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Drawn from the papers presented by both practitioners and academics at a 2013 conference organized by the Baskerville Society, the book covers the arc of Baskerville's life and his activities from writing master to japanner to printer.
Scholars of typology, the history of books, and similar disciplines explore such aspects of his work and times as the topographies of a typographer: mapping John Baskerville since the 18th century, Baskerville as a japanner of tea trays and other household goods, Baskerville the writing master: calligraphy and type in the 17th and 18th centuries, a reappraisal of his Greek types, English printers and their use of Baskerville's type 1767-90, and the Cambridge cult of the Baskerville Press.
Living in Lower Tower Street, Birmingham in 1851 Patrick was a silk weaver whilst his son 16-year-old William was an oil-cloth japanner.
Circumstances later found him in Wolverhampton, where he became an apprentice japanner, painting the decoration on enamelled tea trays.
Only one representative was kept from each set of homographs, for example, "japanner", which may be given an upper-or lower-case J.
Within this group, additionally, some portion of working children may have been unaccounted for by the school census takers (again, difficult to estimate), since they labored for and were paid by their fathers rather than by an employer, as one japanner reported:
Initially Chaloner appears to have made a living by selling sex aids (I kid you not) and fake watches, and then as a quack doctor and japanner. But he had greater ambitions than this, and by 1680 he was in the counterfeiting business, gilding silver coins to make them look like guineas.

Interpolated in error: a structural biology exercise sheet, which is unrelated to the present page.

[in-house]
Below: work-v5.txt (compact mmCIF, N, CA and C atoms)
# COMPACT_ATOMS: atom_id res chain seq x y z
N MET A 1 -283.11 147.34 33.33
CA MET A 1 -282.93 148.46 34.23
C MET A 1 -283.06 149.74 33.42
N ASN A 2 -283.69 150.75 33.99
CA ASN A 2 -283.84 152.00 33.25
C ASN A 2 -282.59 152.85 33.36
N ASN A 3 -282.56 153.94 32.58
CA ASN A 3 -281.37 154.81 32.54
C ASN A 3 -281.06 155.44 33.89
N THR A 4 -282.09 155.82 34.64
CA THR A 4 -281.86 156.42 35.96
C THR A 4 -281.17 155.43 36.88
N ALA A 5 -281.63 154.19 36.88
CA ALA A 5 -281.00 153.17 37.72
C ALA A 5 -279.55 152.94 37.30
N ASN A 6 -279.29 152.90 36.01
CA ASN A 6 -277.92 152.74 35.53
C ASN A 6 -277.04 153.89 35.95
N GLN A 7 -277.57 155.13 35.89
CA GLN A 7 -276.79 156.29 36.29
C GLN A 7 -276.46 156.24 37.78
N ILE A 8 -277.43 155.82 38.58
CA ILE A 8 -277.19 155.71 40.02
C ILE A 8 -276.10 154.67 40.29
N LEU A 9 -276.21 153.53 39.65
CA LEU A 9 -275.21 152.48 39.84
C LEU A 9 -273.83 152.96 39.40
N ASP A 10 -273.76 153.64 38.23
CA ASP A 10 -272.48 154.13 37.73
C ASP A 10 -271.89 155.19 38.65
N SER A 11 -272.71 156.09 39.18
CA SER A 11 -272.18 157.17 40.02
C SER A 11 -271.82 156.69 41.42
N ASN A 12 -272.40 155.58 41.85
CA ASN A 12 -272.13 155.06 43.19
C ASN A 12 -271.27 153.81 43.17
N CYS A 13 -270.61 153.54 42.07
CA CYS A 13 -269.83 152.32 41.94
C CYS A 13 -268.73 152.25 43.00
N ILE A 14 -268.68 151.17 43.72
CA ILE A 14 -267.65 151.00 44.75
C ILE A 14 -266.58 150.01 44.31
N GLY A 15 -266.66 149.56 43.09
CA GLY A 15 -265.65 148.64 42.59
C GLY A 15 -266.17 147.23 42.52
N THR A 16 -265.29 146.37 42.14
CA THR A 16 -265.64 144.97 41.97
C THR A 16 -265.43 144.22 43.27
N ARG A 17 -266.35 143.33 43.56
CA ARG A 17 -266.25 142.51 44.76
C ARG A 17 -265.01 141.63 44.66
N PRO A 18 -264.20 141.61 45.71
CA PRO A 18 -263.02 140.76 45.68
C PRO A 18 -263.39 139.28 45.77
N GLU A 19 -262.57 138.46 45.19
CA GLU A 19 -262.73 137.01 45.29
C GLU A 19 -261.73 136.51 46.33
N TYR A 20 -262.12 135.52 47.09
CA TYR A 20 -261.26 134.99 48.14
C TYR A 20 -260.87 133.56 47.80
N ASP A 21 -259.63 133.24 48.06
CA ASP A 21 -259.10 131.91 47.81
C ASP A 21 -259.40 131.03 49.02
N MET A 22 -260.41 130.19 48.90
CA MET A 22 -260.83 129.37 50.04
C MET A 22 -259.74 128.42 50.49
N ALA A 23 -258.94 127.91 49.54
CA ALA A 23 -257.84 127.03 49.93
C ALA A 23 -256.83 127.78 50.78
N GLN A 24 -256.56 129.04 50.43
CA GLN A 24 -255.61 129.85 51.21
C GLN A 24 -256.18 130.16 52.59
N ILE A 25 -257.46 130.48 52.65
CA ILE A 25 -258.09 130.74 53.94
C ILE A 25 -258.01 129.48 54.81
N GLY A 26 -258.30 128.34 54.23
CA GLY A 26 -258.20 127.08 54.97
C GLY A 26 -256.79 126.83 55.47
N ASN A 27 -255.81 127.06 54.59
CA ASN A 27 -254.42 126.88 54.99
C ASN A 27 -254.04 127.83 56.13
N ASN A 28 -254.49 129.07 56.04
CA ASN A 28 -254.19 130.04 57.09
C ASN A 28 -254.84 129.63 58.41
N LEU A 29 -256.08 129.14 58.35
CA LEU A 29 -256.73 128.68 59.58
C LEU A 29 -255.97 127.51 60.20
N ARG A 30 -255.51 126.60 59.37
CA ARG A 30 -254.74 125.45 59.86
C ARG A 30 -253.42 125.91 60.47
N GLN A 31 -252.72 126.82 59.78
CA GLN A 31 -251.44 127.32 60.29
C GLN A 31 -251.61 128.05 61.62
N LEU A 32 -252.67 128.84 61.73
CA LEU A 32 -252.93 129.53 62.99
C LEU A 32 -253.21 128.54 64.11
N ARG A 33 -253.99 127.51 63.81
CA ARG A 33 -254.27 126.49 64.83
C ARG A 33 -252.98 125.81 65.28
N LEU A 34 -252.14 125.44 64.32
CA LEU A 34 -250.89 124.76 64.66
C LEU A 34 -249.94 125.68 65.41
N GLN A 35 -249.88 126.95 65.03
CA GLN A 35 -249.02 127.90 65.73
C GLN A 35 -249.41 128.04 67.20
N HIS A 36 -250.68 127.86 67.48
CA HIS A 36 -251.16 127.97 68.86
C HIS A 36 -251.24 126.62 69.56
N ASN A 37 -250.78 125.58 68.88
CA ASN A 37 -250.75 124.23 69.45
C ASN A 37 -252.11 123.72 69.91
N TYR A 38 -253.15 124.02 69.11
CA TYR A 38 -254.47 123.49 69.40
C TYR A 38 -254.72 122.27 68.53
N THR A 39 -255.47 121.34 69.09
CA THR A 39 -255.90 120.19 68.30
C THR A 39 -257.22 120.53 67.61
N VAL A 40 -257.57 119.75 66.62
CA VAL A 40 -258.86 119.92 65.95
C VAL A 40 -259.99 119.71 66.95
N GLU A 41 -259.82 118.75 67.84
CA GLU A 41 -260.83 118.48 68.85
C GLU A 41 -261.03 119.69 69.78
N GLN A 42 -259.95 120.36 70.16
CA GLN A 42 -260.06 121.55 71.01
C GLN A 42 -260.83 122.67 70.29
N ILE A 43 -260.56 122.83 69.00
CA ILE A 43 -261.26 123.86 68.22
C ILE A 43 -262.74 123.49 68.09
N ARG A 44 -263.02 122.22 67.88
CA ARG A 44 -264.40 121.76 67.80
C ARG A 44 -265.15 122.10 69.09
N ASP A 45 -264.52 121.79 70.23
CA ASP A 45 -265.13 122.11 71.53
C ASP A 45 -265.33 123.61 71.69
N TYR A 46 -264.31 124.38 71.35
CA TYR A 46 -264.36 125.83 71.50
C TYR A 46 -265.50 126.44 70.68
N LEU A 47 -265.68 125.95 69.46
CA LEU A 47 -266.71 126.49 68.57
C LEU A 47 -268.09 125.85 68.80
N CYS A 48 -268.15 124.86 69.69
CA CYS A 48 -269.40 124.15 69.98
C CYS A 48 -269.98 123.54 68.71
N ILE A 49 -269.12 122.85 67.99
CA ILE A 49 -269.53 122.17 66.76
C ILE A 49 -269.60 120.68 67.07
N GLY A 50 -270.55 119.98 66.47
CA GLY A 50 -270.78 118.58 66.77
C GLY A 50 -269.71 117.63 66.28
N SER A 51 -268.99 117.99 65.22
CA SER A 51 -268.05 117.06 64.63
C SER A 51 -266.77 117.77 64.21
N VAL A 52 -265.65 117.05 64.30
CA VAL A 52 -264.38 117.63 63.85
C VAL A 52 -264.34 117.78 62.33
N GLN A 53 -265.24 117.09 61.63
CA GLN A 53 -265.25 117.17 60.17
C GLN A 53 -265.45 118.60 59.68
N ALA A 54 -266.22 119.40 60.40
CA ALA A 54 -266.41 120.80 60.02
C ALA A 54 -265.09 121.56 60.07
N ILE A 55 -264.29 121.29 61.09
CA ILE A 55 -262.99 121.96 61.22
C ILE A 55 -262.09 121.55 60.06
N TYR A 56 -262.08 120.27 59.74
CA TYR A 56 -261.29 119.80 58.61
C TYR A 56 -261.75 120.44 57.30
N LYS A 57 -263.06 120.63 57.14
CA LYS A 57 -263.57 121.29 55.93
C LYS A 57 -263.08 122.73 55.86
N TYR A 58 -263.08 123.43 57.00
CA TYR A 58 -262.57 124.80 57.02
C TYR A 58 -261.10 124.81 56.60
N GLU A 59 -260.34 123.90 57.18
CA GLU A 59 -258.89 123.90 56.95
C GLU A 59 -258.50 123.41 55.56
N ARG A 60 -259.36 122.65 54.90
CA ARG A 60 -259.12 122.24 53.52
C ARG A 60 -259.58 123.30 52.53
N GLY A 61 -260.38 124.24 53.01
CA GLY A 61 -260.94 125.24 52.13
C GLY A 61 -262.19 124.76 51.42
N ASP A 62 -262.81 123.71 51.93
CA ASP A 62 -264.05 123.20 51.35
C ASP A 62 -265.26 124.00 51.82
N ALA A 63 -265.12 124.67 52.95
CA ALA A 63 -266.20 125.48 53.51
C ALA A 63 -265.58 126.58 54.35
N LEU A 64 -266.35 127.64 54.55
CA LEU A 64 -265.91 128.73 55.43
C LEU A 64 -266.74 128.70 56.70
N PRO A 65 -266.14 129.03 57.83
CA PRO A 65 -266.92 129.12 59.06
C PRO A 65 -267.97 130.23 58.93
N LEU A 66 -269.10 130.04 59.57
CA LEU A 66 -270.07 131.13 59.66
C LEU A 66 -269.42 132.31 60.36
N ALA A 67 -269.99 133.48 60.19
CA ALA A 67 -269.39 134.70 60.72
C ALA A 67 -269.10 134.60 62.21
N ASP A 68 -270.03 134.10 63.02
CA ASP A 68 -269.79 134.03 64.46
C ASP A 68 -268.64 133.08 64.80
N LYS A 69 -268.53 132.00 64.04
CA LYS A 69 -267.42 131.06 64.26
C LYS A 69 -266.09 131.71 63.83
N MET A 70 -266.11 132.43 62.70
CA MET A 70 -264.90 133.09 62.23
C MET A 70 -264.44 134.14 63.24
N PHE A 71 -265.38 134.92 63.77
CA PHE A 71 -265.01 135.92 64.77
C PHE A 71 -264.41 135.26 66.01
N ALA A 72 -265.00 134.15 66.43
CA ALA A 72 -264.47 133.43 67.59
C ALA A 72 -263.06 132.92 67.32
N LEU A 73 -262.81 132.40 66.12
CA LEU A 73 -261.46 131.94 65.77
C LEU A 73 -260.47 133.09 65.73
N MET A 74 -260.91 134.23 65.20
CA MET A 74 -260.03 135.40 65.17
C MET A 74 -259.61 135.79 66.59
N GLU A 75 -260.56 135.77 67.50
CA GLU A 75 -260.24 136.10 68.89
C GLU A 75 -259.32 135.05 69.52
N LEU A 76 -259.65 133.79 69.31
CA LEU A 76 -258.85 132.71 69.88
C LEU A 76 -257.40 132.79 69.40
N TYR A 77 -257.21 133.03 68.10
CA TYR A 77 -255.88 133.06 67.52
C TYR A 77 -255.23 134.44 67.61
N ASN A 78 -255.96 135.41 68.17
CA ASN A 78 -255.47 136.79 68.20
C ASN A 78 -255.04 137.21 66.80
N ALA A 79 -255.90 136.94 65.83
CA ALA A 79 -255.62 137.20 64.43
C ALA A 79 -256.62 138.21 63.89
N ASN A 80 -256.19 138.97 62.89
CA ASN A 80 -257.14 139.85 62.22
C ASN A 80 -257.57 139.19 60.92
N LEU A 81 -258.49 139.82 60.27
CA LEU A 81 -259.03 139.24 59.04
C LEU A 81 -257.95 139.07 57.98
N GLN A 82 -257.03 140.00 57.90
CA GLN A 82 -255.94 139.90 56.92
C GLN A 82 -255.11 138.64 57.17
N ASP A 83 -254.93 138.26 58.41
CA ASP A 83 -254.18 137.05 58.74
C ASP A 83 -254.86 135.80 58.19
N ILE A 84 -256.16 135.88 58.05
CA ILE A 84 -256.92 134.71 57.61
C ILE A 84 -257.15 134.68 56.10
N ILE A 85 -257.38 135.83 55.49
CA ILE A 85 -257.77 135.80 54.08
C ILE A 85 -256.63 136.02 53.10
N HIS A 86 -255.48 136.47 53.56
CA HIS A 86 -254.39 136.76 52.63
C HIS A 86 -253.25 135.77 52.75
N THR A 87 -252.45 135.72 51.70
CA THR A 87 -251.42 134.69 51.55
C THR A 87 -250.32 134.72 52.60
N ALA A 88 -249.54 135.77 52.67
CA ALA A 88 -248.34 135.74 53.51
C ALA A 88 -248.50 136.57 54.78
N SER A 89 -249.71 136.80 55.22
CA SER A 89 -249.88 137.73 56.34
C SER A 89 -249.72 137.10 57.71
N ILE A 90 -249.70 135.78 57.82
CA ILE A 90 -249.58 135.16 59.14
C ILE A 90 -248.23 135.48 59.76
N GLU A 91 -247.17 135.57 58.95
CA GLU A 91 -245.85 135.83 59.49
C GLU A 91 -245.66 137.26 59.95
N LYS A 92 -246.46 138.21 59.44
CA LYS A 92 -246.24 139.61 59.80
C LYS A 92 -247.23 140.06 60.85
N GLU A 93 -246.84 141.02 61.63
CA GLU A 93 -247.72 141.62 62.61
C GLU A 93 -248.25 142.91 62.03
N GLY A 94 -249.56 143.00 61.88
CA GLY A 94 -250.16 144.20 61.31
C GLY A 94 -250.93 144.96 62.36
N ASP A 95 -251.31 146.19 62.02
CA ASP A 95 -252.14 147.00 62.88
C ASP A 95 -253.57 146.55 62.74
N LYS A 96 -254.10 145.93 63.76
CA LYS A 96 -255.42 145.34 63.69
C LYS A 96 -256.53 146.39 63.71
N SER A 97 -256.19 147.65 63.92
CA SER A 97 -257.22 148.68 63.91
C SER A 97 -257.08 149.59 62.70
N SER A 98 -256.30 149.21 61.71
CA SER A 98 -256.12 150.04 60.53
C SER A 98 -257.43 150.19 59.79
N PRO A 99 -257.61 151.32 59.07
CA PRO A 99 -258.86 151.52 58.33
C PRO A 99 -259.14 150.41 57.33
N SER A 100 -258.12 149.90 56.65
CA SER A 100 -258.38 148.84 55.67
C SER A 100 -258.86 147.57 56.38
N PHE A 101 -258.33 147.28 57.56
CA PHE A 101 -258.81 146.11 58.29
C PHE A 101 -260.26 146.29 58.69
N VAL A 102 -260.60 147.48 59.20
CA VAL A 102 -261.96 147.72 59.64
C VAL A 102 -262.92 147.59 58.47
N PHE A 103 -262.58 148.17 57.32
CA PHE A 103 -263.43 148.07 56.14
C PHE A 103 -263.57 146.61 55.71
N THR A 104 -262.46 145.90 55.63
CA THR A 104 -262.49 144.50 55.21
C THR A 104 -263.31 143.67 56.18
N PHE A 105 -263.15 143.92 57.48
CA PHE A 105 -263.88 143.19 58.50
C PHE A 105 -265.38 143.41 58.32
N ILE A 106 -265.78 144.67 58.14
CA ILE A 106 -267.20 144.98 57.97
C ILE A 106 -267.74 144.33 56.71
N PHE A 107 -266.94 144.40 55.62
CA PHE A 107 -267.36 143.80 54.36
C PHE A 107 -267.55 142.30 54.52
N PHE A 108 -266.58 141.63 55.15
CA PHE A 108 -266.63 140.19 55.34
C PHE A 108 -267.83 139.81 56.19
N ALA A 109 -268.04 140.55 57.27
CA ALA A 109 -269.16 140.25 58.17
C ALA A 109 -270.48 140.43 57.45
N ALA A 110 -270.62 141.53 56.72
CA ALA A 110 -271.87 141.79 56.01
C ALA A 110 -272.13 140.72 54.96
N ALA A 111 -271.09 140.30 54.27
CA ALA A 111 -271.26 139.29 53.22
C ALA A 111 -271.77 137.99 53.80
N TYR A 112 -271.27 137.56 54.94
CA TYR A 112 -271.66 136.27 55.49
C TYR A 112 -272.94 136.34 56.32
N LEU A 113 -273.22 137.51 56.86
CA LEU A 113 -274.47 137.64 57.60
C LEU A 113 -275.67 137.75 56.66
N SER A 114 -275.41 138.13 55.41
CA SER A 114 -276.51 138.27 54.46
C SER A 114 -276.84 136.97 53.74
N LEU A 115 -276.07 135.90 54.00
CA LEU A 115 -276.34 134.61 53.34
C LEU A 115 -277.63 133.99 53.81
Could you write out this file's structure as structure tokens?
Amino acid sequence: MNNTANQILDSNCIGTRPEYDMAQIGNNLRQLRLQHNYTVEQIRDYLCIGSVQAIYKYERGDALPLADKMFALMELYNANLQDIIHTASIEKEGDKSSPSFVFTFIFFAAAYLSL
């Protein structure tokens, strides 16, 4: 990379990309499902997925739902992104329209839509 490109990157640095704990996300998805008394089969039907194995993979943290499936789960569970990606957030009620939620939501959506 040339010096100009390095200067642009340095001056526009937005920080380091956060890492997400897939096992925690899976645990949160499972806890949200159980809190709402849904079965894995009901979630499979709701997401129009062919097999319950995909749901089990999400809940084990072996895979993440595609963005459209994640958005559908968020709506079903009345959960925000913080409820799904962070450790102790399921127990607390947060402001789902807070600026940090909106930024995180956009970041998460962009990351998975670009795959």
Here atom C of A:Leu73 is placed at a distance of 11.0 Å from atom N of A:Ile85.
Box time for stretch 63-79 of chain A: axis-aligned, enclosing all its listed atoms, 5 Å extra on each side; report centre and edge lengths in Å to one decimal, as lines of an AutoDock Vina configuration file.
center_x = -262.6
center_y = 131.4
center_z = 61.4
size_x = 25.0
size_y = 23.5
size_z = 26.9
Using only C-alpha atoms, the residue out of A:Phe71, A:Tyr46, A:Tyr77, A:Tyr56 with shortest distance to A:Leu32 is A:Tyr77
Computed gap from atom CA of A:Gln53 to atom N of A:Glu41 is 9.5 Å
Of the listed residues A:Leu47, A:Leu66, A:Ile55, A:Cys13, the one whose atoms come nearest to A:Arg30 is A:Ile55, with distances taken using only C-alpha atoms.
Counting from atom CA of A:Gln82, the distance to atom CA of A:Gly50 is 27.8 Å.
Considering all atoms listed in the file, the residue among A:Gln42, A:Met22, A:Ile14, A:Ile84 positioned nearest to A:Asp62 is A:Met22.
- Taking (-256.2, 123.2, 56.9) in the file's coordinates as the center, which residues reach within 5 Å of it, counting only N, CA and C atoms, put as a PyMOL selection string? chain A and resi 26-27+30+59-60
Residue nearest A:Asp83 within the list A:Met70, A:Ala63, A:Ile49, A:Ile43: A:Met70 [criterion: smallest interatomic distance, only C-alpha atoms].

Swinney's Directory of Birmingham of 1800 identifies a large number of residents with Irish names in professions as diverse as a japanner and Daimler, dancing master and theatrical manager.
However, this country's professional japanners produced some stunning work that is now at least as highly valued as the finest quality oriental lacquer ware.
Other old trades that have bitten the dust include wax merchants, corn chandlers, watch and clock makers, Japanners who sold lacquer for furniture and snuffers who stocked metal cones for putting out candles.
Other shops included Japanners, which sold lacquer for furniture, snuffers, which sold conical metal items to put out candles, and wax merchants, both of which went out of business following the widespread introduction of electricity in the 20th century.
Ze waren volgens de Japanners niet alleen onverstaanbaar, maar ze stonken ook.
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